Legislative Assembly for the ACT: 2005 Week 15 Hansard (Thursday, 15 December 2005) . . Page.. 4886 ..
to make it and the recipient has a corresponding interest or duty to receive it. Submissions strongly supported the retention of the common law, and the majority favoured giving some guidance to the courts as to when the conduct of a publisher would be considered reasonable.
The bill explicitly protects expressions of opinion that are genuinely held about matters of public interest. All submissions supported the proposal that an opinion need not be one that a “reasonable person” might have formed. The common law defence of innocent dissemination is retained, supplemented by provisions in the bill which recognise that some parties involved in the distribution of material, such as booksellers and internet service providers, have no effective control over the material they distribute and should not be liable in defamation.
The bill requires that damages awarded to plaintiffs have an appropriate and rational relationship to the harm they have suffered. Damages for non-economic loss are capped, and this amount will be adjusted annually by reference to the formula laid out in the bill.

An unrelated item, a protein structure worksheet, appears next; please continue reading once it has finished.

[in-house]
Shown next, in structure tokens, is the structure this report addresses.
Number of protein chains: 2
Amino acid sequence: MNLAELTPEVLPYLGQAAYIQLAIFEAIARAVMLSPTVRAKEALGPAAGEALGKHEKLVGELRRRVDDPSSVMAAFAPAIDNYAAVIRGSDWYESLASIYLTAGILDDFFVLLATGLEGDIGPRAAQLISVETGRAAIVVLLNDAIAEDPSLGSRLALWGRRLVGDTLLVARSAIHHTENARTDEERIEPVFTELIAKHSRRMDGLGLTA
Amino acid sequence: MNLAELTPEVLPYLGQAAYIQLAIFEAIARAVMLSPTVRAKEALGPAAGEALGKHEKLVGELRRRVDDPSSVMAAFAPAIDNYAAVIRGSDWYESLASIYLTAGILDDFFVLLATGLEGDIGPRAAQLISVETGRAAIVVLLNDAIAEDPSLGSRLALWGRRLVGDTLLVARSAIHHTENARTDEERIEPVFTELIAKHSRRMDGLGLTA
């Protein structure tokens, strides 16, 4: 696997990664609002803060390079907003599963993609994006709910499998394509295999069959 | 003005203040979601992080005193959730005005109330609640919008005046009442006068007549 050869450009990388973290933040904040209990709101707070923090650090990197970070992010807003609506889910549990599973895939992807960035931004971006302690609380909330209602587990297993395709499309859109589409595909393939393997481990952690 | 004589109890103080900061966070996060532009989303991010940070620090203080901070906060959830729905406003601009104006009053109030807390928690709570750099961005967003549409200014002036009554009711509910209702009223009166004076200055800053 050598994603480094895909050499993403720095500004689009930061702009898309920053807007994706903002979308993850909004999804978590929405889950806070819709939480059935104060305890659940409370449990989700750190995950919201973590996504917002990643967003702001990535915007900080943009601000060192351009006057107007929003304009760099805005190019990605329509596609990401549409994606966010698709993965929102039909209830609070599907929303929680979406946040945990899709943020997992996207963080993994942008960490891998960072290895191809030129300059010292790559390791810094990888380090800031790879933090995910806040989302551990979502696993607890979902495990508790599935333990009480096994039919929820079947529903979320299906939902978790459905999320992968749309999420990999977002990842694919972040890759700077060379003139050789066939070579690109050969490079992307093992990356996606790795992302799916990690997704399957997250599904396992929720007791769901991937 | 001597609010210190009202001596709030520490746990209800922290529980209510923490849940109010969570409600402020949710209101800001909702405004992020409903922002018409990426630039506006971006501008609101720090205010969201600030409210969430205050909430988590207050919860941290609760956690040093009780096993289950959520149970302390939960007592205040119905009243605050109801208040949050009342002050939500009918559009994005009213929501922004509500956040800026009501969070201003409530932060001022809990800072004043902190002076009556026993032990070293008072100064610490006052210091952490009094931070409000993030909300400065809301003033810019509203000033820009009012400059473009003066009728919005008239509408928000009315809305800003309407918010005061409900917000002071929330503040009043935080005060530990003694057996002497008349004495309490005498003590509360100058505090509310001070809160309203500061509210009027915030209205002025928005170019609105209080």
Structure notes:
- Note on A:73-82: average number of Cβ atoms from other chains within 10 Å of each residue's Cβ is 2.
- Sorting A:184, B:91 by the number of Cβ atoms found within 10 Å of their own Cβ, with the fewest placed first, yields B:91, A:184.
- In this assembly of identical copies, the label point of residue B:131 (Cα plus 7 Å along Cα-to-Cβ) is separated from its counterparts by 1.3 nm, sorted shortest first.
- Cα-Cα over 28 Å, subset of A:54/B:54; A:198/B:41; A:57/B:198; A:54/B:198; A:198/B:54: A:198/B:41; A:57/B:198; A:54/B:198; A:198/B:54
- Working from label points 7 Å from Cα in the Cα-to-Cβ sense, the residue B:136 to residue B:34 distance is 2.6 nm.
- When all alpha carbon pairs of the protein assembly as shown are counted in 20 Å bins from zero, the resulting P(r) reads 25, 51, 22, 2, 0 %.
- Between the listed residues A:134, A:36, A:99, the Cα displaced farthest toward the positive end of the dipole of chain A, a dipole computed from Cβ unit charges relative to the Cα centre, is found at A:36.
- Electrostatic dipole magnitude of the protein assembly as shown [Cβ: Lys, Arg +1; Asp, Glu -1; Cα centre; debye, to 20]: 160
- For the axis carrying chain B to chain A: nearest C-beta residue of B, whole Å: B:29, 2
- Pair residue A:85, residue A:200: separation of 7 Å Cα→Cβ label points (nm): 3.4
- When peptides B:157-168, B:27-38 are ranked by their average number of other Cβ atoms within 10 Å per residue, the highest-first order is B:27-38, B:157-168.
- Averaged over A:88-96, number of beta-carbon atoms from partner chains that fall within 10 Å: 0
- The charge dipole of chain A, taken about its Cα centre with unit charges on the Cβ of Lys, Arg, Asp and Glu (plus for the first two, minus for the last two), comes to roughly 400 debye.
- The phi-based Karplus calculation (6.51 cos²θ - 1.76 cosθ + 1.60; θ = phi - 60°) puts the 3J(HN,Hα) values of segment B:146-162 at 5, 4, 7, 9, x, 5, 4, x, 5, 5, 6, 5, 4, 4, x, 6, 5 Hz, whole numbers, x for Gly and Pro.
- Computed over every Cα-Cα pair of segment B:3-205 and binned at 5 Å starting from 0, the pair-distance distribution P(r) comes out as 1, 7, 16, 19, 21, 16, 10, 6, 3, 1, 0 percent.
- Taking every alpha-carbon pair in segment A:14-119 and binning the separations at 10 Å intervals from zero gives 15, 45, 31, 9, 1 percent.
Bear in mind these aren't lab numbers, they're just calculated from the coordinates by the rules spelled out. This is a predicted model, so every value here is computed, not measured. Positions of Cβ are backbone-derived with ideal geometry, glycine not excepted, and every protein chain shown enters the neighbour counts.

The bill would set a limitation period of one year from commencement of civil defamation actions. Early correction, restoration of reputation and resolution of defamation disputes is in the interests of the parties and the public.
The explanatory statement I have tabled adopts some of the explanatory notes drafted by an interstate parliamentary counsel, in consultation with Parliamentary Counsels Committee, and I commend the bill to the Assembly.
Debate (on motion by Mr Stefaniak) adjourned to the next sitting.
Children and Young People Amendment Bill 2005 (No 2)
Mr Stanhope, on behalf of Ms Gallagher, pursuant to notice, presented the bill, its explanatory statement and a Human Rights Act compatibility statement.
Title read by Acting Clerk.
MR STANHOPE (Ginninderra—Chief Minister, Attorney-General, Minister for the Environment and Minister for Arts, Heritage and Indigenous Affairs) (10.43): I move:
That this bill be agreed to in principle.
The Children and Young People Act 1999 provided for an operational review within three years of the act’s commencement. A comprehensive review has been undertaken, involving extensive community consultation, and this has resulted in a two-phased reform process. The first phase proposes amendments to the principles of the act, as well as in the areas of care and protection and information protection. The reports which reviewed child protection practice and management in the ACT, undertaken by Commissioner Vardon and Ms Gwen Murray, have informed the review in regard to the principles and practices relating to care and protection of children and young people.
The best interests principle will remain the paramount consideration for decision-makers across the ACT, except for young offenders. The general principles will be applied